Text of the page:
Microsoft IE8 introduced it, Apple Safari4 has it, Google Chrome4 does it and now somewhere in the not too distant future, Firefox will ship it too; support for X-FRAME-OPTIONS.
X-cuse-me? Well, X-FRAME-OPTIONS is the HTTP response header that broke Google Talk chat badge a few months ago, remember? It allows you to specify whether your site or page can be (i)framed or not, by setting it to “DENY” (not allowed to be framed) or “SAMEORIGIN” (allowed if the framing site is on the exact same domain). The most important reason for this functionality is as a prevention-mechanism for “clickjacking” (a.k.a. UI redressing), a type of web attack that tries to trick victims into clicking a framed site by hiding it behind another innocent element.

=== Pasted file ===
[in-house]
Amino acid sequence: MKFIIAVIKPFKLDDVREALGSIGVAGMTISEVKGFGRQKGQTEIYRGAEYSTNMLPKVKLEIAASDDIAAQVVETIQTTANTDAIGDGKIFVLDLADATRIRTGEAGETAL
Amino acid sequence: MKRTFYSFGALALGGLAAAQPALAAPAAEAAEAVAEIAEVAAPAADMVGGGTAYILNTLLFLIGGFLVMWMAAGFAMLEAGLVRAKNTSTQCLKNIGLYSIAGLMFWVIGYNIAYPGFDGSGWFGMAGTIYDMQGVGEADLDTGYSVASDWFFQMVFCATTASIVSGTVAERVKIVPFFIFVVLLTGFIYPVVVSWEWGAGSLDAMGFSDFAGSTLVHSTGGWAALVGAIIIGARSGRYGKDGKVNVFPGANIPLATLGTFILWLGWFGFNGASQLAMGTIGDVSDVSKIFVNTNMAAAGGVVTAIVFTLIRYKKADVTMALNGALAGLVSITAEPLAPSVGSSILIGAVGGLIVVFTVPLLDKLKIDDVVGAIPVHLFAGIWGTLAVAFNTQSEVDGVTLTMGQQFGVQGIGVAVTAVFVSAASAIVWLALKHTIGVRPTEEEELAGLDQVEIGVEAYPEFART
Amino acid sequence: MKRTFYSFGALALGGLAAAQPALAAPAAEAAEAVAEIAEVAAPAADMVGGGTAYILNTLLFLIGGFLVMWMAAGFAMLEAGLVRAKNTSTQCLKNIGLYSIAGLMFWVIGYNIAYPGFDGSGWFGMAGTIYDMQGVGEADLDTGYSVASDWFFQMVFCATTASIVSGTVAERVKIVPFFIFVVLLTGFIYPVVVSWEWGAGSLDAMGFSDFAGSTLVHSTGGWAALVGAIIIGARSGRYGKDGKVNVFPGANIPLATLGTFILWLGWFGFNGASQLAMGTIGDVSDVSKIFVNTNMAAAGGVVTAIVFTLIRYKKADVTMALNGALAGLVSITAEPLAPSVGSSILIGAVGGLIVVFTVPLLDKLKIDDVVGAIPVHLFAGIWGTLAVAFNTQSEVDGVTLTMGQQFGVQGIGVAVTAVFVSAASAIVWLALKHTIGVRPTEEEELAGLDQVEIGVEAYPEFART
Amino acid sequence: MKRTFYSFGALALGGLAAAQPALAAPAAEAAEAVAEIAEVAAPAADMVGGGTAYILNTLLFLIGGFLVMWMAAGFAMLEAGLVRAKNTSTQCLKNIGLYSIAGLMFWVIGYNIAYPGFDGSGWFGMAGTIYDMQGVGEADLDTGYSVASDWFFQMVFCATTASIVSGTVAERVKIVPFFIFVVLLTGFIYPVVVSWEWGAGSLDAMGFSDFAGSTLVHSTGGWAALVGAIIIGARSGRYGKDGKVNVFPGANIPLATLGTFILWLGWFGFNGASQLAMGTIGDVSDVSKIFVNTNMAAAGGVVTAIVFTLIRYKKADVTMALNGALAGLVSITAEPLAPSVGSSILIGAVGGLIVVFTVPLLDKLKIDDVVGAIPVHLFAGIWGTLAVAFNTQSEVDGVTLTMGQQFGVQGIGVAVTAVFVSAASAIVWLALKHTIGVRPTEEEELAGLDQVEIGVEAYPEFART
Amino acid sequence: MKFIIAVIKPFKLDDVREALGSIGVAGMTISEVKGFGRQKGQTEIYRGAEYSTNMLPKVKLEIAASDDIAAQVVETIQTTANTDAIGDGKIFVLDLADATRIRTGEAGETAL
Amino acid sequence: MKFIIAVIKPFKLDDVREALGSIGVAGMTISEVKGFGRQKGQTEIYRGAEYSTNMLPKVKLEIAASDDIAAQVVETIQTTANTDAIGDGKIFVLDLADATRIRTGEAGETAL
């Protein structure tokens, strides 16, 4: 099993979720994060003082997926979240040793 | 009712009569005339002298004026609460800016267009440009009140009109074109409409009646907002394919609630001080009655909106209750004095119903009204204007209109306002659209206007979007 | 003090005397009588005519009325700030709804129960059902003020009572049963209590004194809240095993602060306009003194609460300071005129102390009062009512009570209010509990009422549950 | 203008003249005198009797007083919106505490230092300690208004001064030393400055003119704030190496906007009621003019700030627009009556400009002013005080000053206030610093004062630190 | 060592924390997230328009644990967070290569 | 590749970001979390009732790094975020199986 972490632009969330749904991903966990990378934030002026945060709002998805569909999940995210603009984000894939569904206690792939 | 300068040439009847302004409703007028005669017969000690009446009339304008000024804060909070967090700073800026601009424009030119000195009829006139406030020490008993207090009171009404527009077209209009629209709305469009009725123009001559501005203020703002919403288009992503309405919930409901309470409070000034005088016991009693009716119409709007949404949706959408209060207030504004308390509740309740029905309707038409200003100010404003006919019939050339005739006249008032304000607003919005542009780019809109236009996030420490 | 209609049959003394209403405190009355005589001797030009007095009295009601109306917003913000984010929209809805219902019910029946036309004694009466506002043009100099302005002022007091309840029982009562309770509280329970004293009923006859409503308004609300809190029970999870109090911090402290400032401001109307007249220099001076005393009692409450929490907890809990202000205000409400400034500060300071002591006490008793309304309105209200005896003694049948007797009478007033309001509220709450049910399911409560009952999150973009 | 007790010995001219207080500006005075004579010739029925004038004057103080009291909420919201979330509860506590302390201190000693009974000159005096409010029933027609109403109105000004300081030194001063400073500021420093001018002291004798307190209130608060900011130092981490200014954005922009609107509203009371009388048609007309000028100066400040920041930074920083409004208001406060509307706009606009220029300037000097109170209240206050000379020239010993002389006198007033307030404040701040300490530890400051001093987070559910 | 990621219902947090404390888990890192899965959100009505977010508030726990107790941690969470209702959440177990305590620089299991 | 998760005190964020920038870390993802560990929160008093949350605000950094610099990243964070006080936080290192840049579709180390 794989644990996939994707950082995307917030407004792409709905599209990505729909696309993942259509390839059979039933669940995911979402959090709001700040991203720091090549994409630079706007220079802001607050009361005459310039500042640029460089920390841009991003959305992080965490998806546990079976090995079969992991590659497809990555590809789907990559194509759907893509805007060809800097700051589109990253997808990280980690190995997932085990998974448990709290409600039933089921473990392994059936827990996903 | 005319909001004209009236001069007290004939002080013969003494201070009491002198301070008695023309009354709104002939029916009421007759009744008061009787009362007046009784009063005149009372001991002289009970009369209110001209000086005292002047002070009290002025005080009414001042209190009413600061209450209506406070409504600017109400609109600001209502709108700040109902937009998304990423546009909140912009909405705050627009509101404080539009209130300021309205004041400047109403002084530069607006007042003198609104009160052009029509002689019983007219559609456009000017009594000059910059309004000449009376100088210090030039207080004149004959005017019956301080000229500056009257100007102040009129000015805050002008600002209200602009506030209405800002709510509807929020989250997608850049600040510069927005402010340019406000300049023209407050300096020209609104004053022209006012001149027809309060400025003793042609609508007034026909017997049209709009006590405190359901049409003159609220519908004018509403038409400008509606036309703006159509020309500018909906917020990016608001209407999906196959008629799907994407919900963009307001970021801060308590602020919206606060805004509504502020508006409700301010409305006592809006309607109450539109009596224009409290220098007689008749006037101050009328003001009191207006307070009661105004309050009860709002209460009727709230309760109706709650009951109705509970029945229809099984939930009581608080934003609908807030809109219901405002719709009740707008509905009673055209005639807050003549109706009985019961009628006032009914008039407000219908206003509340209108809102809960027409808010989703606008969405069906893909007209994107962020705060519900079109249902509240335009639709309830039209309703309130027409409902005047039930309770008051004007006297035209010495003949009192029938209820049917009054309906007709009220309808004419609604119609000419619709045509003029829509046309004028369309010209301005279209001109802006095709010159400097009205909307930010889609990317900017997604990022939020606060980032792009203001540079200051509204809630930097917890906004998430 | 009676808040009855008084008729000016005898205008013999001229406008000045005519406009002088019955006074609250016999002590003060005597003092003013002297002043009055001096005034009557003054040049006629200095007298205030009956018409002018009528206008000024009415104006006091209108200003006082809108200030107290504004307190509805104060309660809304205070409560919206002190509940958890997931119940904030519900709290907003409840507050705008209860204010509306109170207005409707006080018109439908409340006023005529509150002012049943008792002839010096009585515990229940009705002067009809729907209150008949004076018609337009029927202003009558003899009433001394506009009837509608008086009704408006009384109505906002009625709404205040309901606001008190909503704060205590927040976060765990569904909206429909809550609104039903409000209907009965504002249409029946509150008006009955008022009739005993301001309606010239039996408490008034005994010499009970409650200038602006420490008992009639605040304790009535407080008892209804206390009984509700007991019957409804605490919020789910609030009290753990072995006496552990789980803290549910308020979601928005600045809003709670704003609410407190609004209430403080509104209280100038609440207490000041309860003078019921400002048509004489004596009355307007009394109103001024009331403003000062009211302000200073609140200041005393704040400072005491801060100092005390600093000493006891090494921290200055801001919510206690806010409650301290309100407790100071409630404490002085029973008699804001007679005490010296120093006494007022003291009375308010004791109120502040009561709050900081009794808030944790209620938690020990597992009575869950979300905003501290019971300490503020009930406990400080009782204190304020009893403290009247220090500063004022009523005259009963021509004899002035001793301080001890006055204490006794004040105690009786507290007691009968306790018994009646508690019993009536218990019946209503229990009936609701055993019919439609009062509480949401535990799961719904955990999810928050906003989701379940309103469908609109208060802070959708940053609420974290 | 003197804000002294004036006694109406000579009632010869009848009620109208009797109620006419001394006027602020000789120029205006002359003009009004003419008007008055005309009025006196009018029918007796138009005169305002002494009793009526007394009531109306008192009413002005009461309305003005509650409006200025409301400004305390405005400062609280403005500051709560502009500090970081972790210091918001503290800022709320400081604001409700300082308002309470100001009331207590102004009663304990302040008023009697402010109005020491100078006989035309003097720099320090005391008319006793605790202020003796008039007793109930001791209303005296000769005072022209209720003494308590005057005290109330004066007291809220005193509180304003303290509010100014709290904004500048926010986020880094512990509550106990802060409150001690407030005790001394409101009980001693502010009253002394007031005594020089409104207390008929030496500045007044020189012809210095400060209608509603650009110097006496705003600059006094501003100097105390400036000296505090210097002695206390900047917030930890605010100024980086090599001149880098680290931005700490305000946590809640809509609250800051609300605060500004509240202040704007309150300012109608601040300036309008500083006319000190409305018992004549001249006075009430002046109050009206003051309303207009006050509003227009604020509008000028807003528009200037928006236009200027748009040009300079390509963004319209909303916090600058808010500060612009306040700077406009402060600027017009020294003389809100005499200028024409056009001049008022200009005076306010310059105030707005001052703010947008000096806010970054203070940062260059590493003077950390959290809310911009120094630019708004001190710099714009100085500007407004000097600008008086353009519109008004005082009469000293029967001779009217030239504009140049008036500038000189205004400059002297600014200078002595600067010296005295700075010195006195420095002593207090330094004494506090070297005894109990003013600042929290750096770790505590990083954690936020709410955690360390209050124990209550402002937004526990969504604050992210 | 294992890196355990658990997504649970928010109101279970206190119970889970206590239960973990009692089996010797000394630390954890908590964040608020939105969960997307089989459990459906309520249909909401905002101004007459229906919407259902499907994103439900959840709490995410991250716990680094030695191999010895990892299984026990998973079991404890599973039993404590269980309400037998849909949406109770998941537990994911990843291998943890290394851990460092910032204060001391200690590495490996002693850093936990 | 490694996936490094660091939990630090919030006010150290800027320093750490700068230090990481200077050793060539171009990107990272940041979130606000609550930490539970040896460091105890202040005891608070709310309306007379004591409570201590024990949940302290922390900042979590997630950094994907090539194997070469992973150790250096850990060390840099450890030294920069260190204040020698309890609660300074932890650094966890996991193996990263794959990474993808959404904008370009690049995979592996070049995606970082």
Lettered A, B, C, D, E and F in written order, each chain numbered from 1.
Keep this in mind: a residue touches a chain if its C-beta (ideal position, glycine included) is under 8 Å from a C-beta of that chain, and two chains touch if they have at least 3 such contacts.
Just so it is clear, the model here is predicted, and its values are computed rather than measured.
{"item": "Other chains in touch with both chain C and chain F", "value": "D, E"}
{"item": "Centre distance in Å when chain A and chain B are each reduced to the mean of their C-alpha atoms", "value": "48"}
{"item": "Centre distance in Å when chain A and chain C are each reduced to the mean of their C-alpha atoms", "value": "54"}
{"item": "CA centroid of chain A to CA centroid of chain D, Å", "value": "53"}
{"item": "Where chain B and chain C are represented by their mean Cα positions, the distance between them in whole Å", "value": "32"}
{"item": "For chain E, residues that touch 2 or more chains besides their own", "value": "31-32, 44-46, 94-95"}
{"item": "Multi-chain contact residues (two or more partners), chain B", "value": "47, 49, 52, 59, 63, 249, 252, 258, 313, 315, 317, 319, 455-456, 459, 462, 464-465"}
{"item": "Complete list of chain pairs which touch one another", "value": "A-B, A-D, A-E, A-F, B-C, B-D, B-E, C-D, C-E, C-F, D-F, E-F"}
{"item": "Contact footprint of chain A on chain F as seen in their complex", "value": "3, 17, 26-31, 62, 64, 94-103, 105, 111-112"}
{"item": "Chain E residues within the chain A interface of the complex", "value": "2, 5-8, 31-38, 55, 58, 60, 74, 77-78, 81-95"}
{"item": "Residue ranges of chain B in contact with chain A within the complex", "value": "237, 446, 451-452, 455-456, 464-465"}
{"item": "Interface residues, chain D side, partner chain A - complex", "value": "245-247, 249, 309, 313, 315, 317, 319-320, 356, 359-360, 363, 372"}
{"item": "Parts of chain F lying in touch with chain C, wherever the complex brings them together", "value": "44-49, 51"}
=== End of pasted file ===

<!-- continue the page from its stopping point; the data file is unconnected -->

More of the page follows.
So now that feature is finally coming to Firefox as well; Mozilla’s Brendan Sterne, one of the driving forces behind Mozilla’s much broader content security policy, grabbed the bug by the balls and came up with a first patch. If all goes well, this would be an ideal candidate to get pushed out with a minor version update as per the new release process, no?